Wednesday , November 13 2019
Home / John Quiggin / The third lesson?

The third lesson?

Summary:
Another review of Economics in Two Lessons has come out. It’s by David Henderson and appears in Regulation, published by the Cato Institute (link to PDF). There’s a blog post with extracts here. Unsurprisingly, given the source, it’s mainly critical of the analysis, but still has some kind words about the book. This para gives the flavour Quiggin is a good writer who lays out much of the economics well. His analysis of rent control and price controls in general is a thing of beauty. Along the way, though, he makes small and big mistakes. He also shows by omission that the book, to be complete, badly needs a third lesson, on why government works so badly even when it intervenes in cases where markets work badly. Tyler Cowen made the same point about a “third lesson” on

Topics:
John Quiggin considers the following as important:

This could be interesting, too:

John Quiggin writes Economics in Two Lessons, reviewed

John Quiggin writes Economics in Two Lessons, by Captain Haddock?

John Quiggin writes Book launch in Melbourne (please plug!)

John Quiggin writes Book launch in Melbourne

Another review of Economics in Two Lessons has come out. It’s by David Henderson and appears in Regulation, published by the Cato Institute (link to PDF). There’s a blog post with extracts here.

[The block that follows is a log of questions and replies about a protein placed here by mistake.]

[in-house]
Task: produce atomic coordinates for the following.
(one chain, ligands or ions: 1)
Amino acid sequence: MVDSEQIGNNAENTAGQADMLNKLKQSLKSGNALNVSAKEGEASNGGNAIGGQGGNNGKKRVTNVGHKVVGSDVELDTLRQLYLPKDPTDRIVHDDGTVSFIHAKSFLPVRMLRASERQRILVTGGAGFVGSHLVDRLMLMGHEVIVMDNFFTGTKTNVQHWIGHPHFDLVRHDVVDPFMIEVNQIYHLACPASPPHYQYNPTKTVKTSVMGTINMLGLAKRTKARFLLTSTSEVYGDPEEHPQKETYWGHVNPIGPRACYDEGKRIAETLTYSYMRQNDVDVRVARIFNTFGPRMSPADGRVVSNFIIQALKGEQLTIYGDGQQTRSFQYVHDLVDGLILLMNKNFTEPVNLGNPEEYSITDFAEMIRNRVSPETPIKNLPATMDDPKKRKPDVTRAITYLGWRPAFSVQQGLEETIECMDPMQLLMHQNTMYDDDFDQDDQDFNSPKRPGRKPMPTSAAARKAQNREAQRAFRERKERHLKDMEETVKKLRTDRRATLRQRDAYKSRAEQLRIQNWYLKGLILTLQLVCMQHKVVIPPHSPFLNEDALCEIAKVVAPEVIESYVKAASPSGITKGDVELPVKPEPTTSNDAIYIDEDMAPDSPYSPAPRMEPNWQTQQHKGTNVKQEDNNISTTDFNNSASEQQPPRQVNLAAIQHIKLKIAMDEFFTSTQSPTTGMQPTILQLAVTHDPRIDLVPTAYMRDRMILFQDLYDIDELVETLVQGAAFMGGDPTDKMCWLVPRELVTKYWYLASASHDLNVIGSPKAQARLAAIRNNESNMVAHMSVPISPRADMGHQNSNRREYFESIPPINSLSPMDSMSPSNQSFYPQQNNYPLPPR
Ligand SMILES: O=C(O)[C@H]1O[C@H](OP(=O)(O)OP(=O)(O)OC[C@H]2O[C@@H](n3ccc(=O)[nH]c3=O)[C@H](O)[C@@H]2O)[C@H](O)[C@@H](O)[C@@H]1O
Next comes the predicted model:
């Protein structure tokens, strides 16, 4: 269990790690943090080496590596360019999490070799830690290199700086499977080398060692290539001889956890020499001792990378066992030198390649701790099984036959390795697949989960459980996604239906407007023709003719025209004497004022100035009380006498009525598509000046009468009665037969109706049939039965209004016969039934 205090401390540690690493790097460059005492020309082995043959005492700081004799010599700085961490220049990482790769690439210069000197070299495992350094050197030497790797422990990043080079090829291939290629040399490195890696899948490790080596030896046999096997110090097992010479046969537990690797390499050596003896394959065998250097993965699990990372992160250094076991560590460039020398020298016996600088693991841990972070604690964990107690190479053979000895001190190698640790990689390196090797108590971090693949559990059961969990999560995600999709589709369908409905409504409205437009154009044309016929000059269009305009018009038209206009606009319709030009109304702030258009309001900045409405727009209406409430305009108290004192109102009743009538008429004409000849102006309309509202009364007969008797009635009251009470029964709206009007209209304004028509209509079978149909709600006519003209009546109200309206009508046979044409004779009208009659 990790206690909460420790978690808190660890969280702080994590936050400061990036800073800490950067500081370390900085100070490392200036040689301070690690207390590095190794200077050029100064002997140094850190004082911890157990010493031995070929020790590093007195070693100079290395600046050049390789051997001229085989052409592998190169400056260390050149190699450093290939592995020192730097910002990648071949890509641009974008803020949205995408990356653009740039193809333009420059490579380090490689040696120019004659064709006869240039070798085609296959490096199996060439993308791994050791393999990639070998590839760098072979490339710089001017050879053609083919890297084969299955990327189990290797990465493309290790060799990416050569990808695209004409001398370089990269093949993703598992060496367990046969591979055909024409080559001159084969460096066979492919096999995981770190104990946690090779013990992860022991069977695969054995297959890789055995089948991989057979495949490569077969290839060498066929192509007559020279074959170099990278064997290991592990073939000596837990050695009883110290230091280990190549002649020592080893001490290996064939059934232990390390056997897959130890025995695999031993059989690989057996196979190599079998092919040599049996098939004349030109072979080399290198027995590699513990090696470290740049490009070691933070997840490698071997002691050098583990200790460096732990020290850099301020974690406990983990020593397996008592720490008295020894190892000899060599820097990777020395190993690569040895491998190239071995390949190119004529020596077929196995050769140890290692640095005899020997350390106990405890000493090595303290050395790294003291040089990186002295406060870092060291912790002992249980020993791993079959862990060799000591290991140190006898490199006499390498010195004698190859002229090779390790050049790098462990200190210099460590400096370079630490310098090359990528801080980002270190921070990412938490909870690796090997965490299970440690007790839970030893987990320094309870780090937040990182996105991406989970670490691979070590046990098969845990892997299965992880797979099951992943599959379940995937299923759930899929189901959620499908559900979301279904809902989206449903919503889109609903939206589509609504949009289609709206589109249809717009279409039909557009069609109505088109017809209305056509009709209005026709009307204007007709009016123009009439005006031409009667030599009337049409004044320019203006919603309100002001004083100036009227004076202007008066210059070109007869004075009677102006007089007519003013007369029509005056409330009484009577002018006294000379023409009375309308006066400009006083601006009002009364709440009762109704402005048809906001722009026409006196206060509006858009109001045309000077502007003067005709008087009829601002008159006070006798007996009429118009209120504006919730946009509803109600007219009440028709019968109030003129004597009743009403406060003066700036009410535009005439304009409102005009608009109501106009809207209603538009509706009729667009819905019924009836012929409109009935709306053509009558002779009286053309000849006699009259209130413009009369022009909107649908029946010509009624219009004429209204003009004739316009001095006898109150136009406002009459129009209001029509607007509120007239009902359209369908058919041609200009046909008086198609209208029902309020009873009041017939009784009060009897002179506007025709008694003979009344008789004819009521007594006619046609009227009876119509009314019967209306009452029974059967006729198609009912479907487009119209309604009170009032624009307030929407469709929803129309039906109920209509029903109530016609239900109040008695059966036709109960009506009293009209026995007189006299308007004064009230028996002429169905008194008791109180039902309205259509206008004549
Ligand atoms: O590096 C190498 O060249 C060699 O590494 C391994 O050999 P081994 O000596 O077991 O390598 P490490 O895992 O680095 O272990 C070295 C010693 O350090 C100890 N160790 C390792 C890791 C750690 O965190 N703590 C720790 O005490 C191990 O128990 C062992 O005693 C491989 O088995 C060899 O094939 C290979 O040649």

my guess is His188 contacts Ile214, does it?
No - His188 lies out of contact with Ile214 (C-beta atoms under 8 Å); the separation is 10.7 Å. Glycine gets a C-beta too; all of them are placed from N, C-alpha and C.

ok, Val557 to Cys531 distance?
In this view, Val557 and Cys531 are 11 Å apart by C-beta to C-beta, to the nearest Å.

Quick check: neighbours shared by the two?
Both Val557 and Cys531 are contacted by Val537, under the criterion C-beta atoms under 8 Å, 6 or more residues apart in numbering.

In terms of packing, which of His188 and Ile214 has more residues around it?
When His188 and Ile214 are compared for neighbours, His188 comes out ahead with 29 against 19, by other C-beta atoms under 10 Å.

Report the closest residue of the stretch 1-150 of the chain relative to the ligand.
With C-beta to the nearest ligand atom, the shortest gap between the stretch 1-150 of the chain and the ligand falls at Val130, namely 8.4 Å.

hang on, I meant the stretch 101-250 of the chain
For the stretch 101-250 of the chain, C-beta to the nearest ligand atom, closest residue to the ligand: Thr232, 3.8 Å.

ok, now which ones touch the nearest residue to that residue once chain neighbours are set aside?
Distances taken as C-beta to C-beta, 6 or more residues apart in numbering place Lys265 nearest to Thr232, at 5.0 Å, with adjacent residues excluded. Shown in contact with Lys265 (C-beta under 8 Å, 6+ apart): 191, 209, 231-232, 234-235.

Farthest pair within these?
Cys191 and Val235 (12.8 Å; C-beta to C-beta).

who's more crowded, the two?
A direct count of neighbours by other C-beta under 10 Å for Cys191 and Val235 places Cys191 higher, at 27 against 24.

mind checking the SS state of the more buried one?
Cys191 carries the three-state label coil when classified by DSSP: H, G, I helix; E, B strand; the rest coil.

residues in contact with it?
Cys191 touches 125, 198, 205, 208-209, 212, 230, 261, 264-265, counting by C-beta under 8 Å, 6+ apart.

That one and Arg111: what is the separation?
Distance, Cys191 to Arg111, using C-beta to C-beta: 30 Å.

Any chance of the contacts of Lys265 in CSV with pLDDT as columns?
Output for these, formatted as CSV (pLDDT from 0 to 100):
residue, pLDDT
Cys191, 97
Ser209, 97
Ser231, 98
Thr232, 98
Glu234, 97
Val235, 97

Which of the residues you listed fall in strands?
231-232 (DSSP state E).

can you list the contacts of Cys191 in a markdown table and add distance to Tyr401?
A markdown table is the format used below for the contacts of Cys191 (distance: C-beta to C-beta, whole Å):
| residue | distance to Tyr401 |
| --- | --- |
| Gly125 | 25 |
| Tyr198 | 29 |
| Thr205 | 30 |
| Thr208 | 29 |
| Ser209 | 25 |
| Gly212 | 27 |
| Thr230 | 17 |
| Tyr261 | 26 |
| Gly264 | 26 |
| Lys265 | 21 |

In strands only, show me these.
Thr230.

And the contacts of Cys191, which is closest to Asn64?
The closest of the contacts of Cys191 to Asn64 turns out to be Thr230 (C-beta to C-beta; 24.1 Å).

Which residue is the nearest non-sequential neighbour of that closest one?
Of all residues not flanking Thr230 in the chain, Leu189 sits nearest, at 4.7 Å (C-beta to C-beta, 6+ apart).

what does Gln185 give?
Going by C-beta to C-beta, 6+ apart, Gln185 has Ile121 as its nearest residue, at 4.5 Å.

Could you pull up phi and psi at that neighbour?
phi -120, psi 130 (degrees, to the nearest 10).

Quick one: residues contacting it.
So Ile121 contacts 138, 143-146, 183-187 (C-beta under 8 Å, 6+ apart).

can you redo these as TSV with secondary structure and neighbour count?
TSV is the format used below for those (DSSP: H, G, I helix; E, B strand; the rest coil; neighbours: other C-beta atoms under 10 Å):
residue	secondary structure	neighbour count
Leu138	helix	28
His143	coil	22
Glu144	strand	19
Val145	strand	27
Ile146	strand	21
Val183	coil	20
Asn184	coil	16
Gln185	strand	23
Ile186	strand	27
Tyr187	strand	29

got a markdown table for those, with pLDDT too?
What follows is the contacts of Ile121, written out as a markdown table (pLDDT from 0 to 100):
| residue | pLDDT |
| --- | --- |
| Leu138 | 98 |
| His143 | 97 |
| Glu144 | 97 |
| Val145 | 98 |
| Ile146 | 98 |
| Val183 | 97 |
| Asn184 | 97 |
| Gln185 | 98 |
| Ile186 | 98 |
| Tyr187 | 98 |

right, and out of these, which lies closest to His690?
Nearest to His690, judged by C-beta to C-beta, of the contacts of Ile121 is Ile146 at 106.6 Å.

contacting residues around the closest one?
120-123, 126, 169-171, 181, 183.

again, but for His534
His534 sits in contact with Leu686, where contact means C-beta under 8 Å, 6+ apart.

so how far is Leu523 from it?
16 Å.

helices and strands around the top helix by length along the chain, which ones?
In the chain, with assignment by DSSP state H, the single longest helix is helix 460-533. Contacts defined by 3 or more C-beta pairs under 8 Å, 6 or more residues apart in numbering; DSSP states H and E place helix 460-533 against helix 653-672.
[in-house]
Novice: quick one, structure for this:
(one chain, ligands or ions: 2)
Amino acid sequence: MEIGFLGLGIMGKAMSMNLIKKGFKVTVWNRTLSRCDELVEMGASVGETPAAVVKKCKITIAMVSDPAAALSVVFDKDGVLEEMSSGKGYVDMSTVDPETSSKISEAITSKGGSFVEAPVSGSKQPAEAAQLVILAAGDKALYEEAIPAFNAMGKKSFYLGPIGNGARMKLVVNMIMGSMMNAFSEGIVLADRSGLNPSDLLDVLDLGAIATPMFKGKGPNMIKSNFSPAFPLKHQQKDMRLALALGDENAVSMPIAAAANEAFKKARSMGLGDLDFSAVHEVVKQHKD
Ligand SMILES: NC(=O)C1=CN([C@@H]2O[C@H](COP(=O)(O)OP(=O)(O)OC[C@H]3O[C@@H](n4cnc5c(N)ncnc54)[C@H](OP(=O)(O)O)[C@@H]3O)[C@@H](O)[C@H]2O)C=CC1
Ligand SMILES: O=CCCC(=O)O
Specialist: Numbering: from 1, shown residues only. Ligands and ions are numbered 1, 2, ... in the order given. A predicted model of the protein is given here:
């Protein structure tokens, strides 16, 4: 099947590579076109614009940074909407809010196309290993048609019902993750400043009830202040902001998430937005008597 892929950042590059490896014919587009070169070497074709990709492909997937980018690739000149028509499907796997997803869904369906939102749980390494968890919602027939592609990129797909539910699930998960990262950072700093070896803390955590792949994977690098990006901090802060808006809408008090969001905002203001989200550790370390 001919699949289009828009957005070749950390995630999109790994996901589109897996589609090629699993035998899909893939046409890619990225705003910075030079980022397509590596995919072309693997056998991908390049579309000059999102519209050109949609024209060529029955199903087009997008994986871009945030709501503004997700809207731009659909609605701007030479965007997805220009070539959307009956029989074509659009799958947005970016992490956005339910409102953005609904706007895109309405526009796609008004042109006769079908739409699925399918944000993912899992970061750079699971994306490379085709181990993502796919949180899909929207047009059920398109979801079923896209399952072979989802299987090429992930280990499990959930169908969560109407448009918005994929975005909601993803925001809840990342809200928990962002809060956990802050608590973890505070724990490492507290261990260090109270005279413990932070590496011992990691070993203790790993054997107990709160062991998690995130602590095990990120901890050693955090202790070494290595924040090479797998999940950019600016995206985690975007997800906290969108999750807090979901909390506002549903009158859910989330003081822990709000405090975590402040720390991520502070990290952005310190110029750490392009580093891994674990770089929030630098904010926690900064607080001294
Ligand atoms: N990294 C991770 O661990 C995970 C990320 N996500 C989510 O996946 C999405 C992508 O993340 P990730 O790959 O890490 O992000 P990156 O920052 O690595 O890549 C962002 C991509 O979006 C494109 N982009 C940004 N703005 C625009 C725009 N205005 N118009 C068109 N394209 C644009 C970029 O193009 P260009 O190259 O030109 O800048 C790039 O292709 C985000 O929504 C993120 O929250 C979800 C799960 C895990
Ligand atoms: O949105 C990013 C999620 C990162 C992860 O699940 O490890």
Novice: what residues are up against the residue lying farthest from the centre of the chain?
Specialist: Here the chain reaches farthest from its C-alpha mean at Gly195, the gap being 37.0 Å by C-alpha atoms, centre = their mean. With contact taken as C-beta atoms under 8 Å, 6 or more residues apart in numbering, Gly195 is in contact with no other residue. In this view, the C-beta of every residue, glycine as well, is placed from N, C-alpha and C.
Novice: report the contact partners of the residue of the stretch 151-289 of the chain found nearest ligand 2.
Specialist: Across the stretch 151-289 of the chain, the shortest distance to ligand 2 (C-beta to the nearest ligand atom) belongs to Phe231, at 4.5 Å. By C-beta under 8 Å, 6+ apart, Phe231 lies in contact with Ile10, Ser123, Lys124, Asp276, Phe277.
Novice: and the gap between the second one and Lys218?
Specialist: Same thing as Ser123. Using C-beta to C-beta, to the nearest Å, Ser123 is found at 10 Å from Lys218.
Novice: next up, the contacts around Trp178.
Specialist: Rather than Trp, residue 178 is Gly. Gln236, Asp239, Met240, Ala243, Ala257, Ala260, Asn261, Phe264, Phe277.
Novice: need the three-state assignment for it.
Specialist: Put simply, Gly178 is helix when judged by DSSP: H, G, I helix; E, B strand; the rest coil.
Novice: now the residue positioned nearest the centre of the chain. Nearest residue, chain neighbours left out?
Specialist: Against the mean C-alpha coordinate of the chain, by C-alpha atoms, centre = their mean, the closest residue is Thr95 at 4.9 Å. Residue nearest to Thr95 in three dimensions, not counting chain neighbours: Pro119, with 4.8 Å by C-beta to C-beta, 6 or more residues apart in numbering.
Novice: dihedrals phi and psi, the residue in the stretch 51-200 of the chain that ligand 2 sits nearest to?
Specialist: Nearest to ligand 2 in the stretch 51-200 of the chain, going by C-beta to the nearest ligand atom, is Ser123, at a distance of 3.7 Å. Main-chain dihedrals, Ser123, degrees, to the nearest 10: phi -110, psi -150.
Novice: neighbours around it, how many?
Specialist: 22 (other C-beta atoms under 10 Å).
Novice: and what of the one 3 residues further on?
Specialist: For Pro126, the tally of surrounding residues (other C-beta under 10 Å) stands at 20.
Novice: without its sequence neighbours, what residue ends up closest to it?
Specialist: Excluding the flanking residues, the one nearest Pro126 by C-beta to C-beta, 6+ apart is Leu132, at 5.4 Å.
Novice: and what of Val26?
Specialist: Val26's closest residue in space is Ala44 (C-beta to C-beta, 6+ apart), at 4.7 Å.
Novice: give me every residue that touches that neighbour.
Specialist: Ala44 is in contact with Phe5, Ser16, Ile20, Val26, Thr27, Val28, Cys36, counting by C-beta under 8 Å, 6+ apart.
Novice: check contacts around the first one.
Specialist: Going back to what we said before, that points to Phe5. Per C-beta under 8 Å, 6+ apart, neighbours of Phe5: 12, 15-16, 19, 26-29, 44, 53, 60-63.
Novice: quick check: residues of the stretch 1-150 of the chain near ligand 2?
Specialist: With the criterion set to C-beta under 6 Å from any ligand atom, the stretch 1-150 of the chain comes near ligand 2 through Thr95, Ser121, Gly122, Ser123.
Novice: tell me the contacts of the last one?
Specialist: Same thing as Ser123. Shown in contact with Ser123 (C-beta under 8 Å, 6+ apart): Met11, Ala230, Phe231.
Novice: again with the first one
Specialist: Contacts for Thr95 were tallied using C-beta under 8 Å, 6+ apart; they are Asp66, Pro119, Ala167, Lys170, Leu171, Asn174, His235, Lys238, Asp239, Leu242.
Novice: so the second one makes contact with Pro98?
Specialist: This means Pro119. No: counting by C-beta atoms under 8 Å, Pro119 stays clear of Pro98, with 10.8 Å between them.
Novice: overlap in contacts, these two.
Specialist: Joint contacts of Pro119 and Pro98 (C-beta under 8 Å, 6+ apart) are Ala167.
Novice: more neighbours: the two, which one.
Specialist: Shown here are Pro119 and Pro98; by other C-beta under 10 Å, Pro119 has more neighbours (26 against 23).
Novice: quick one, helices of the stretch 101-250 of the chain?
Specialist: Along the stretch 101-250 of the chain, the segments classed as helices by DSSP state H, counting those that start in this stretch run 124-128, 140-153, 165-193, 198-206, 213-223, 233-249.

Unsurprisingly, given the source, it’s mainly critical of the analysis, but still has some kind words about the book. This para gives the flavour

Quiggin is a good writer who lays out much of the economics well. His analysis of rent control and price controls in general is a thing of beauty. Along the way, though, he makes small and big mistakes. He also shows by omission that the book, to be complete, badly needs a third lesson, on why government works so badly even when it intervenes in cases where markets work badly.

Tyler Cowen made the same point about a “third lesson” on “government failure” in his brief notice of the book. Of course, I discuss specific failures of government policy, such as rent control and the use of military power to generate economic benefits, both of which are noted by Henderson

The idea of “government failure” isn’t just that governments sometimes get things wrong – that’s true of all kinds of decision. Rather, it’s the claim, central to public choice theory, that government actions are driven by concentrated interest groups, rather than by ideas or broad social classes.

There’s some truth to this idea, as I note when I talk about regulatory capture in the book. But overall, I don’t accept it. In our current situation, we need more government action, not less.

John Quiggin
He is an Australian economist, a Professor and an Australian Research Council Laureate Fellow at the University of Queensland, and a former member of the Board of the Climate Change Authority of the Australian Government.

Leave a Reply

Your email address will not be published. Required fields are marked *